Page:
Who are these people now? Are they not Muslims? Who decides that? They have accepted this religion willfully. Nobody can comment on the rest? Conservatives try to all the time and people are rejecting this, but they are not changing their faith identity. It's interpretation. 

 

This is the strand that believes only accepting God and Mohammed is enough. It is a very valid strand. Maybe not very "loyal"  but yes, still Muslims. Anything beyond this is considered pretty conservative actually. 

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zeino - how true is it that the islam most people think they know is only the Wahhabist doctrine? most muslims I knew were lovely people.

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2 hours ago, zeino said:

 

So, nobody I know here believes they have to start from where you are suggesting. I have homosexual Muslim friends, I have transsexual Muslim friends. All the same. If you are a good honest person and if you believe in God and Mohammed, that's it. Only God can question the rest and they believe this is the most important and will be forgiven by God and will not burn in heaven or anything - because they don't harm anyone else. 

 

 

You have to understand Conquistador has been travelling on an apparently life-long safari in the Islamic wilderness and thinks that from the couple of slices of Muslim society he has personally experienced, he knows the true Muslim inner life (having been carefully constructed 1400 years ago in anticipation of milquetoast modern liberalism in order to conquer it from within through random internet arguers and Claudia Roth).  He frequently commands me to come to Munich to make an account of myself before the Conquistador-Jeremy Tribunal, on penalty of him obsessively confabulating more about my personal life, so that he can either debrief my "Psy Ops" against the West or disabuse me of my naive, stupid leftist notions.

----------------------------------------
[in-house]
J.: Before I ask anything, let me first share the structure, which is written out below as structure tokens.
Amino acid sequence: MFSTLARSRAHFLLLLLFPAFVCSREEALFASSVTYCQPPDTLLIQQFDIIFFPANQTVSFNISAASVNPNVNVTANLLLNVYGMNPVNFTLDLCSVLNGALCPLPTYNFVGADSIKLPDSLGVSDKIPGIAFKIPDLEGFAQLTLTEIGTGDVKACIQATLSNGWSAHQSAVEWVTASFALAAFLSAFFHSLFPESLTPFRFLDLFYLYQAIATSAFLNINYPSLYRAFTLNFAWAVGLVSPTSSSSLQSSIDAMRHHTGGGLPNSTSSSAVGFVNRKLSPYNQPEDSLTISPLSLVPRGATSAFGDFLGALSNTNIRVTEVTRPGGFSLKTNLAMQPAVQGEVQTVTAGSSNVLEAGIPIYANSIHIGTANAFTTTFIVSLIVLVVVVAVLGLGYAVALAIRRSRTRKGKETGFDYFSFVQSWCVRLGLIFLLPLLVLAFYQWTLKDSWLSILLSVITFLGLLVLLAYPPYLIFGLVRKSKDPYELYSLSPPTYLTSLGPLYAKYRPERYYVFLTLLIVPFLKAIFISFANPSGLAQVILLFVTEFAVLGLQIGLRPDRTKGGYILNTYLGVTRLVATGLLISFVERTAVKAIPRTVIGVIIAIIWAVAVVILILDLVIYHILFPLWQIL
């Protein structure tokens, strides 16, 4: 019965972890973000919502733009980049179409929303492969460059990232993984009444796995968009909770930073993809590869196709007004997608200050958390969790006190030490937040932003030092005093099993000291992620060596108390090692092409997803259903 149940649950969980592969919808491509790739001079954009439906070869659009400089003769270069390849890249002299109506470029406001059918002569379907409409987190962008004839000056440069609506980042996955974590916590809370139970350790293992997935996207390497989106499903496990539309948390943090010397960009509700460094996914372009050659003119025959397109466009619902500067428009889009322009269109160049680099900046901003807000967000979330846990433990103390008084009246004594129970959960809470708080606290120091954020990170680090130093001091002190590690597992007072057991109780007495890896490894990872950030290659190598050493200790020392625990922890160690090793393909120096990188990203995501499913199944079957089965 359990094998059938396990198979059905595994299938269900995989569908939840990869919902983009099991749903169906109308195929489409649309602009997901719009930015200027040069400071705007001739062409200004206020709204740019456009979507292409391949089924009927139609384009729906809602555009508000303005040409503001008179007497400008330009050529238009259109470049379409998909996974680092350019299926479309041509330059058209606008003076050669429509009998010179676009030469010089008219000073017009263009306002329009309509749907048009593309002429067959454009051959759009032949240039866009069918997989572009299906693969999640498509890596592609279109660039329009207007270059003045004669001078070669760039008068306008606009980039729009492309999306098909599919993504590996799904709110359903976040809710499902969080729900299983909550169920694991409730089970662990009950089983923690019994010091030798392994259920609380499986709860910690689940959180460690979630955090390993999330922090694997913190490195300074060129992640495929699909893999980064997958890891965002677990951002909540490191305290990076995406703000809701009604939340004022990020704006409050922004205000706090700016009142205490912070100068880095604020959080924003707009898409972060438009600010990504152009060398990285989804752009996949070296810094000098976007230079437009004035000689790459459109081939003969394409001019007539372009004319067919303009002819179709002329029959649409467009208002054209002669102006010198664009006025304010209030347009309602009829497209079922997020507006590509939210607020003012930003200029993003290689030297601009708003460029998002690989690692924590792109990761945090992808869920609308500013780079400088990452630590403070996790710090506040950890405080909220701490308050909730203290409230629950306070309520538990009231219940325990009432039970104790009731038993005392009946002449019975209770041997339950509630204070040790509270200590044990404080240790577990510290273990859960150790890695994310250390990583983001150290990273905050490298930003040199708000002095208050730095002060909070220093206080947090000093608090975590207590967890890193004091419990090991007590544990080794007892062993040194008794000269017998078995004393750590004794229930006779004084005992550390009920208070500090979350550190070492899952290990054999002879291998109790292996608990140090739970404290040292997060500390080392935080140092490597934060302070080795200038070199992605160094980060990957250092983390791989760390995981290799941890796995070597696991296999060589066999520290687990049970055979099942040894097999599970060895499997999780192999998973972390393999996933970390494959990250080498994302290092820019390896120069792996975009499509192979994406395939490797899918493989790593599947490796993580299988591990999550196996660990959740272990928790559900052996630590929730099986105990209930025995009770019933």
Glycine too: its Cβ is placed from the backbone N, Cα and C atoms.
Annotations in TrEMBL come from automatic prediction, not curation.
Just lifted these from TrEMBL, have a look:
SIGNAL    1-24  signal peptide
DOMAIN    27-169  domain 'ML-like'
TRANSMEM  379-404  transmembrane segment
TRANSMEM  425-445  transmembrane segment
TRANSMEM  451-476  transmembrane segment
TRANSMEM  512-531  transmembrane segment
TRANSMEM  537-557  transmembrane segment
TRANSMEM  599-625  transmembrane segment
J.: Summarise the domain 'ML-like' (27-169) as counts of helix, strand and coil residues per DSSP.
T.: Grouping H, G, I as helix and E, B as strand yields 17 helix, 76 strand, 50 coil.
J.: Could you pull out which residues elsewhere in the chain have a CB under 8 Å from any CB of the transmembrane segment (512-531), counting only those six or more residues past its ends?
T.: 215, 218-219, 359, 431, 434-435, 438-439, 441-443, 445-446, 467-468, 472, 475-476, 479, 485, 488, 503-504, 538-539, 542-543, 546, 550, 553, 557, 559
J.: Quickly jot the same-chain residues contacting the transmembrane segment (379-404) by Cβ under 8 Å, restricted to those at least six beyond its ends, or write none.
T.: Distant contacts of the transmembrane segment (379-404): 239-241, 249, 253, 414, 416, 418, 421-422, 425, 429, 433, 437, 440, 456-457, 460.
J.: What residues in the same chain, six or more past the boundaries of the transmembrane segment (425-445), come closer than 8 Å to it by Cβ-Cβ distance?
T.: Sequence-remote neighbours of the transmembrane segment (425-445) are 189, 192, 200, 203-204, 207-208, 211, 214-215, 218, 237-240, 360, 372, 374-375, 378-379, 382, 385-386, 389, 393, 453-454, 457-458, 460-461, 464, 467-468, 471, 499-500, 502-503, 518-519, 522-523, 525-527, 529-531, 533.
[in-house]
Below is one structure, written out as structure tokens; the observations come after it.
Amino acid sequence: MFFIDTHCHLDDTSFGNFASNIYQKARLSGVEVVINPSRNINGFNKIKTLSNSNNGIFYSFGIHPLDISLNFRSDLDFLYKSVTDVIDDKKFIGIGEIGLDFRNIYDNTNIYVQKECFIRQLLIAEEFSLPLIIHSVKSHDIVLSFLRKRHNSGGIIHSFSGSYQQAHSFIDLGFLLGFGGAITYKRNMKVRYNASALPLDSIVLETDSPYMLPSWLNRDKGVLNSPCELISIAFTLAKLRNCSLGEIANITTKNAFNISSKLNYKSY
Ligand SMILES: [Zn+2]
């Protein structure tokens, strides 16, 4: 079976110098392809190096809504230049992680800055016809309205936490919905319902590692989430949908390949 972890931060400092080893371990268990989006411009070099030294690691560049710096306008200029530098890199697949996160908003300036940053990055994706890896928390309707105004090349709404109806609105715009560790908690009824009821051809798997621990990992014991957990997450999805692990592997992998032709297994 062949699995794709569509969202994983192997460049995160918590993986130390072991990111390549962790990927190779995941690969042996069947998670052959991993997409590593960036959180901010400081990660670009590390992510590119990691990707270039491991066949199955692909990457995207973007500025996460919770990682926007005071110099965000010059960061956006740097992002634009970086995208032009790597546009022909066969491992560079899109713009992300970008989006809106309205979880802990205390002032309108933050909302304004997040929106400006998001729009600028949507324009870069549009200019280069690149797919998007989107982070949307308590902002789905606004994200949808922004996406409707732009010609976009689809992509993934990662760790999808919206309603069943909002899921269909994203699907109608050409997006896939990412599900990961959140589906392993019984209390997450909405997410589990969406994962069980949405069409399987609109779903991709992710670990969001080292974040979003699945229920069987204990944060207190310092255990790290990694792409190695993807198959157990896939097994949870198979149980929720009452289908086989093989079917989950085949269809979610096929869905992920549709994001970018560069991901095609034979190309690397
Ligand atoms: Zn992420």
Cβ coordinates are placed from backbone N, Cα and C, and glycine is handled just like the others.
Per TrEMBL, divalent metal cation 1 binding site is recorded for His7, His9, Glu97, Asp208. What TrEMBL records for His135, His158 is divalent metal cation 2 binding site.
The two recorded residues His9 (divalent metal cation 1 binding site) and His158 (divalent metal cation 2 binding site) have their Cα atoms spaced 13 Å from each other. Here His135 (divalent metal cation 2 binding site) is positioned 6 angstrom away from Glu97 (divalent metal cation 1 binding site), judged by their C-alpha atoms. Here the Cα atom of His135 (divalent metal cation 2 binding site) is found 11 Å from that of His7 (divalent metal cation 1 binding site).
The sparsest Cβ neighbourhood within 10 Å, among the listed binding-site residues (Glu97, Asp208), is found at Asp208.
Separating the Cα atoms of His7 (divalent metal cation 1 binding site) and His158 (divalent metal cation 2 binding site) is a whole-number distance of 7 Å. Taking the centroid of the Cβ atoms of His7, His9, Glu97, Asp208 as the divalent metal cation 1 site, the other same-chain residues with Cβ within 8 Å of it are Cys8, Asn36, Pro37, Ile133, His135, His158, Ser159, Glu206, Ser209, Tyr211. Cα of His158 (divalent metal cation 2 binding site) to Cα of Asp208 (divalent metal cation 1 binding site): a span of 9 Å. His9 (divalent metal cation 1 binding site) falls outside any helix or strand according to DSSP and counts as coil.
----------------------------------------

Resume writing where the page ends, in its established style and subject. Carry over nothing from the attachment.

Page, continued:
The thing is, there's really no point.  His fixed idea about what Islam Really Is means that all the personal experiences a Muslim might have that fall outside the bounds of his safari experience/entrenched confirmation bias, he can and does simply dismiss as either exceptional or invented as part of the takeover plot.

 

Anyway, this sort of thinking is pretty common and sadly politically influential, especially these days in US and European politics, as in: http://foreignpolicy.com/2017/03/16/the-making-of-islamophobia-inc/

 

It's more or less the same pattern writ very, very small.

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3 hours ago, klubbnika said:

Would please stop this nonsense.

Do you think throwing phrases with a collection of "academic words" will make them less absurd?

 

Sure, you can always refuse to understand.

 

3 hours ago, klubbnika said:

What "spiritual narrative" does hijab fit? It has a specific purpose - to make oneself sexually unattractive and therefore protect from the assaults.

HIjab is not a ritual, it's a protective gear.

Ritual would be to wash one's feet before praying.

 

 

For many Muslim women, hijab is in the same category as washing your feet before praying. 

 

But anyway, you are clearly the Decider of Meanings.  You will impose the predetermined meaning you have chosen on the object in question, over and above anyone else's interpretation, because (heaven forbid!) they may contain "academic words".

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Again, let's summarize:

 

1. Covering own hair with red hat is legal, free choice, no oppression:

static2.politico.com.jpeg.72ba3c37229534

 

2. Covering own hair with red scarf is totalitarian oppression, should be banned:

Screen_Shot_2017-01-22_at_8.44.58_AM_lar

 

Totally consistent, free, democratic, methinks.

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2 hours ago, Eupathic Impulse said: